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Proximal muscle rehabilitation is effective for patellofemoral pain: a systematic review with meta-analysis
  1. Simon Lack1,
  2. Christian Barton1,2,3,4,
  3. Oliver Sohan1,
  4. Kay Crossley5,
  5. Dylan Morrissey1,6
  1. 1Centre for Sports and Exercise Medicine, Queen Mary University of London, UK
  2. 2Complete Sports Care, Melbourne, Australia
  3. 3Pure Sports Medicine, London, UK
  4. 4Lower Extremity Gait Studies, Health Sciences, La Trobe University, Bundoora, Australia
  5. 5School of Health and Rehabilitation Sciences, University of Queensland, Brisbance, Queensland, Australia
  6. 6Physiotherapy Department, Bart's Health NHS Trust, London, UK
  1. Correspondence to Dr Dylan Morrissey, Centre for Sports and Exercise Medicine, William Harvey Research Institute, Bart's and the London School of Medicine and Dentistry, Queen Mary University of London, Mile End Hospital, Bancroft road, London E1 4DG, UK; d.morrissey{at}qmul.ac.uk

Abstract

Background Proximal muscle rehabilitation is commonly prescribed to address muscle strength and function deficits in individuals with patellofemoral pain (PFP). This review (1) evaluates the efficacy of proximal musculature rehabilitation for patients with PFP; (2) compares the efficacy of various rehabilitation protocols; and (3) identifies potential biomechanical mechanisms of effect in order to optimise outcomes from proximal rehabilitation in this problematic patient group.

Methods Web of Knowledge, CINAHL, EMBASE and Medline databases were searched in December 2014 for randomised clinical trials and cohort studies evaluating proximal rehabilitation for PFP. Quality assessment was performed by two independent reviewers. Effect size calculations using standard mean differences and 95% CIs were calculated for each comparison.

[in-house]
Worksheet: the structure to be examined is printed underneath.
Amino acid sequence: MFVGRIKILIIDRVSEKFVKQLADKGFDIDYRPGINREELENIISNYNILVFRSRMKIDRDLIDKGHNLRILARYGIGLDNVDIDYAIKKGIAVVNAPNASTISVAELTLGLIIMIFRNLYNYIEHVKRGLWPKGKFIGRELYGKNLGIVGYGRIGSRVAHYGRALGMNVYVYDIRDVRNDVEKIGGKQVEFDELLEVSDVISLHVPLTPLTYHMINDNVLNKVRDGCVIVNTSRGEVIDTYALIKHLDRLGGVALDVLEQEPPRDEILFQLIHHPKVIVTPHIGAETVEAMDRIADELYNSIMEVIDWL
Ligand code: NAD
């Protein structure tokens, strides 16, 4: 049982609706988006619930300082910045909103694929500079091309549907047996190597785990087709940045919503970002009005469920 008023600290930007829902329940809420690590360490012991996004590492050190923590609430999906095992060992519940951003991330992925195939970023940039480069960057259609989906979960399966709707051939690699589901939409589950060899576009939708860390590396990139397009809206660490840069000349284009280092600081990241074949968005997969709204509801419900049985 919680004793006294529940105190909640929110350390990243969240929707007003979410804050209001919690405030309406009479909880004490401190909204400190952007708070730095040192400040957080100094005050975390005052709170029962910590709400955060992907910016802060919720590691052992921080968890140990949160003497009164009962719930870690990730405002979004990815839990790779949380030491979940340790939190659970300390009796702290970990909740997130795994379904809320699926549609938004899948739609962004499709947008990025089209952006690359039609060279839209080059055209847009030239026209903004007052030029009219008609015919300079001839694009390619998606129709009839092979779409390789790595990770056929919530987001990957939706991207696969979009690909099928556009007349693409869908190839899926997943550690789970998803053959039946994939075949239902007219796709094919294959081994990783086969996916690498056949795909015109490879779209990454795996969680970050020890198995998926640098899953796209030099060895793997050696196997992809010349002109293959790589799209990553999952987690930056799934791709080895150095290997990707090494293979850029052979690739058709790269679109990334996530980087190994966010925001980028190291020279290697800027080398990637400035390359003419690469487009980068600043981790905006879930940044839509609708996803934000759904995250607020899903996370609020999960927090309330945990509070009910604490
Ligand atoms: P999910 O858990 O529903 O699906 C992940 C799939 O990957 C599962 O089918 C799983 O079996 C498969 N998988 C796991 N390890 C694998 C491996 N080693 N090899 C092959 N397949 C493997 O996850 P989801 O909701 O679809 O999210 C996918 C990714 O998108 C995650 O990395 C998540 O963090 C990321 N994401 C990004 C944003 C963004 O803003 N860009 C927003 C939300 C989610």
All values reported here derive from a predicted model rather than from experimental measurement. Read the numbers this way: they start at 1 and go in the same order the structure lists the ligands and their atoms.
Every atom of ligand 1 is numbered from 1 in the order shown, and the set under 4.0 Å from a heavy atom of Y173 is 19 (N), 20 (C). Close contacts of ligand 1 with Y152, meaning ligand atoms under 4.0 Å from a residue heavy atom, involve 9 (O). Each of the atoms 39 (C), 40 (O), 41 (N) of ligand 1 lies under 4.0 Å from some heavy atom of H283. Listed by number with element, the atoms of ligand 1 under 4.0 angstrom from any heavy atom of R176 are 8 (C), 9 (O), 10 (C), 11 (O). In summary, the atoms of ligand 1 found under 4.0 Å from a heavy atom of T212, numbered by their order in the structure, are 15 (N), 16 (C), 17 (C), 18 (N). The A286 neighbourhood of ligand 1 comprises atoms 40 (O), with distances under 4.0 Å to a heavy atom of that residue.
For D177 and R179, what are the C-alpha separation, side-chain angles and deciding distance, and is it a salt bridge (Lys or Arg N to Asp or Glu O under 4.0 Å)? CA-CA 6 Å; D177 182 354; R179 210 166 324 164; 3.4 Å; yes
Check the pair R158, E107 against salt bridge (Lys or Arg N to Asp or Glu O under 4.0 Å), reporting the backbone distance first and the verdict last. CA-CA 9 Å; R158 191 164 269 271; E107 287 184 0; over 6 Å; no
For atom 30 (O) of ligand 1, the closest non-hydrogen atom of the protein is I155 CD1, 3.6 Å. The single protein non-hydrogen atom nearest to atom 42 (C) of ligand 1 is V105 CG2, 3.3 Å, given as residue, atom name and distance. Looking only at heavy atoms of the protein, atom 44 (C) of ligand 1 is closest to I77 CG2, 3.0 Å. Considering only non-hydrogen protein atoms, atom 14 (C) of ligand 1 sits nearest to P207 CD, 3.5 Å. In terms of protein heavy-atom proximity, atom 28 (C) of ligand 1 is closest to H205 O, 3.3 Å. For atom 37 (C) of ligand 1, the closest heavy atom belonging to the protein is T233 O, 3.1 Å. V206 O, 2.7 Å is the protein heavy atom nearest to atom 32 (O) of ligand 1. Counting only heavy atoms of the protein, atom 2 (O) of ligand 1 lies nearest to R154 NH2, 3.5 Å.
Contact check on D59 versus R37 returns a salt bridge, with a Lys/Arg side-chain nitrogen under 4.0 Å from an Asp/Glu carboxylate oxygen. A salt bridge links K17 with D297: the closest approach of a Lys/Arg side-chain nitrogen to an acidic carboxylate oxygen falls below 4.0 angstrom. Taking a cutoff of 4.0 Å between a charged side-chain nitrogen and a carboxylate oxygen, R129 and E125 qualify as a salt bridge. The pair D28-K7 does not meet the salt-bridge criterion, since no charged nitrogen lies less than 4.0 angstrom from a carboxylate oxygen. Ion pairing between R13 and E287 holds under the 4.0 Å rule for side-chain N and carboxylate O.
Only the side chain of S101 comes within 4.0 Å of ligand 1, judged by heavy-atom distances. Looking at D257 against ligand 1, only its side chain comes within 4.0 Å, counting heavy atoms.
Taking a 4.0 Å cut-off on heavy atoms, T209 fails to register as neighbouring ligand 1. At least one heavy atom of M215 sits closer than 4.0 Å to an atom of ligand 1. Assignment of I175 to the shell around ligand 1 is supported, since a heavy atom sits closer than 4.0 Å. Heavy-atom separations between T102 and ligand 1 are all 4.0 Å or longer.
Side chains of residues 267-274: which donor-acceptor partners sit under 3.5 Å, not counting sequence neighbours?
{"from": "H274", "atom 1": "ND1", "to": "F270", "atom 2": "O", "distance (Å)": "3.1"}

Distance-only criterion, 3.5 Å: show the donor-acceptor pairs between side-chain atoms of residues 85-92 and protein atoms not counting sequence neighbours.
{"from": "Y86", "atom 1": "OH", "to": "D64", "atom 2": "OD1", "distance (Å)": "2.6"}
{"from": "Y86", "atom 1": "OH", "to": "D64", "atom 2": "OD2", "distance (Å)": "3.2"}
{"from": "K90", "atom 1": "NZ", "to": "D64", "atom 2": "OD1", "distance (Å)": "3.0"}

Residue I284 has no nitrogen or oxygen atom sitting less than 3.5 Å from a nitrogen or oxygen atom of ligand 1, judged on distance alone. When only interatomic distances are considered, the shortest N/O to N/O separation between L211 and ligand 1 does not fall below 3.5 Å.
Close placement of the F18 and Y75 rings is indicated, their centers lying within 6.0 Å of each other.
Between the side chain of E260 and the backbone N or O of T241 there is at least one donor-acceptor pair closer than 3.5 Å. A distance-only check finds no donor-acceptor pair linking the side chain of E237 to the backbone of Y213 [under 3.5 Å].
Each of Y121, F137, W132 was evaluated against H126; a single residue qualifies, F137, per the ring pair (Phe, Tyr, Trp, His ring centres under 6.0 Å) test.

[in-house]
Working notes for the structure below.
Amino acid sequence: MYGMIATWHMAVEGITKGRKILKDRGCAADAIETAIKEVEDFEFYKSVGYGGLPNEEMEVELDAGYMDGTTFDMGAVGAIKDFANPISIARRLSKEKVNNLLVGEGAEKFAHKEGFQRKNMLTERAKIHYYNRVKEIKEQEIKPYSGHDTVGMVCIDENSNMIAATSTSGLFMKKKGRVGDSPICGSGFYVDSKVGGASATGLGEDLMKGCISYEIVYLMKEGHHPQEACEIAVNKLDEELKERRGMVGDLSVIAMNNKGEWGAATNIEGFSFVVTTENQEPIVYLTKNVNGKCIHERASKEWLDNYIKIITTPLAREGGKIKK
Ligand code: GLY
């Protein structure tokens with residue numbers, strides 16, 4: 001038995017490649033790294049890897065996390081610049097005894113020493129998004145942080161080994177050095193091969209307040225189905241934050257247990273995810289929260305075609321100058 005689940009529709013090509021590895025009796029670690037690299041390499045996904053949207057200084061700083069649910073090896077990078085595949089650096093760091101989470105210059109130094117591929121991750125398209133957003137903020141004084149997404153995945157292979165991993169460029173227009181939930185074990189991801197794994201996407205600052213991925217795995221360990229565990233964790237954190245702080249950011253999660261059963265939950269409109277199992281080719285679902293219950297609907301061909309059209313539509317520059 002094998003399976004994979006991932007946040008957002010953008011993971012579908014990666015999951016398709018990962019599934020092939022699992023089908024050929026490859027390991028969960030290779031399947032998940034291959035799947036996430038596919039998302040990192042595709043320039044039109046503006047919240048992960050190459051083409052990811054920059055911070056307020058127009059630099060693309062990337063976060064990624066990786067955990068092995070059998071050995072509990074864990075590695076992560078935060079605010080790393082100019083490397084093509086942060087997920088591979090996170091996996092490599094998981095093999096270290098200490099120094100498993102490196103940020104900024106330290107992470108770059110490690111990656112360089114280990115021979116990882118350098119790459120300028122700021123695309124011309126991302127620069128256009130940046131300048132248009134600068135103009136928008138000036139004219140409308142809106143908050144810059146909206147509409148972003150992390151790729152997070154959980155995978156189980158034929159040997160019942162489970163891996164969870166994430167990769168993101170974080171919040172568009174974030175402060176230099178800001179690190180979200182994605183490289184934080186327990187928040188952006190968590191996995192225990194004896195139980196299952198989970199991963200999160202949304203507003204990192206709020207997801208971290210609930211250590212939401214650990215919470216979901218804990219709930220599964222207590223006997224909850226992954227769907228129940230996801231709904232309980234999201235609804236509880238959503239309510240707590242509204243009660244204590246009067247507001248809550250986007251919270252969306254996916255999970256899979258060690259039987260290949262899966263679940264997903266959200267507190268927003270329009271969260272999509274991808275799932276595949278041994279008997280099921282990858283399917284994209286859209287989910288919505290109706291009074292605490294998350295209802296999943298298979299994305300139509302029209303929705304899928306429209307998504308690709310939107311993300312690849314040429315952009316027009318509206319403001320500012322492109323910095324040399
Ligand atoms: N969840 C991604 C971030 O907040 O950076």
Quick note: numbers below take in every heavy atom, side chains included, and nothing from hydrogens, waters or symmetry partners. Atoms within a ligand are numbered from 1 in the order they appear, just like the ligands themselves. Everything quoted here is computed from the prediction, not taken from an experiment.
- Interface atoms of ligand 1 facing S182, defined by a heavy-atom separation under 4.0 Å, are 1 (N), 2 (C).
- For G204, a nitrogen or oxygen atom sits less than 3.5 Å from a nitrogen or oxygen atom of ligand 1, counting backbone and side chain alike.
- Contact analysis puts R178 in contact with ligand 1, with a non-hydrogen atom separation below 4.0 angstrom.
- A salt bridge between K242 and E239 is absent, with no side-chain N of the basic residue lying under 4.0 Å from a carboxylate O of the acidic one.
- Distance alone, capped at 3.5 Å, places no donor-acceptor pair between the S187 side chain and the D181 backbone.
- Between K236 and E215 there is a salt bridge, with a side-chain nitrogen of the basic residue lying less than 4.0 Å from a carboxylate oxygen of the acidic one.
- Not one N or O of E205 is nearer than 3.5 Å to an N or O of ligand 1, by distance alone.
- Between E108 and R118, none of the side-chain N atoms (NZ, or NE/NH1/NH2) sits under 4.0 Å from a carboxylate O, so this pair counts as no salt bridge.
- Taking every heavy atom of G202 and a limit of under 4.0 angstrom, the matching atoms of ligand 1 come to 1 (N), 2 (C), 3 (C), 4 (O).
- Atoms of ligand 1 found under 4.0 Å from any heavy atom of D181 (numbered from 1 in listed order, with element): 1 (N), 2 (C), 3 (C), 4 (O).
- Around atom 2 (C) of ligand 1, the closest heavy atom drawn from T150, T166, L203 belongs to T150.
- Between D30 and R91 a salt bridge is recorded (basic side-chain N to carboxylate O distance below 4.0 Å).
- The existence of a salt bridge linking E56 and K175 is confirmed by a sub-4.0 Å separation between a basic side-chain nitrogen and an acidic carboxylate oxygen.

Results 14 studies were identified, seven of high quality. Strong evidence indicated proximal combined with quadriceps rehabilitation decreased pain and improved function in the short term, with moderate evidence for medium-term outcomes. Moderate evidence indicated that proximal when compared with quadriceps rehabilitation decreased pain in the short-term and medium-term, and improved function in the medium term. Limited evidence indicated proximal combined with quadriceps rehabilitation decreased pain more than quadriceps rehabilitation in the long term. Very limited short-term mechanistic evidence indicated proximal rehabilitation compared with no intervention decreased pain, improved function, increased isometric hip strength and decreased knee valgum variability while running.

Conclusions A robust body of work shows proximal rehabilitation for PFP should be included in conservative management. Importantly, greater pain reduction and improved function at 1 year highlight the long-term value of proximal combined with quadriceps rehabilitation for PFP.

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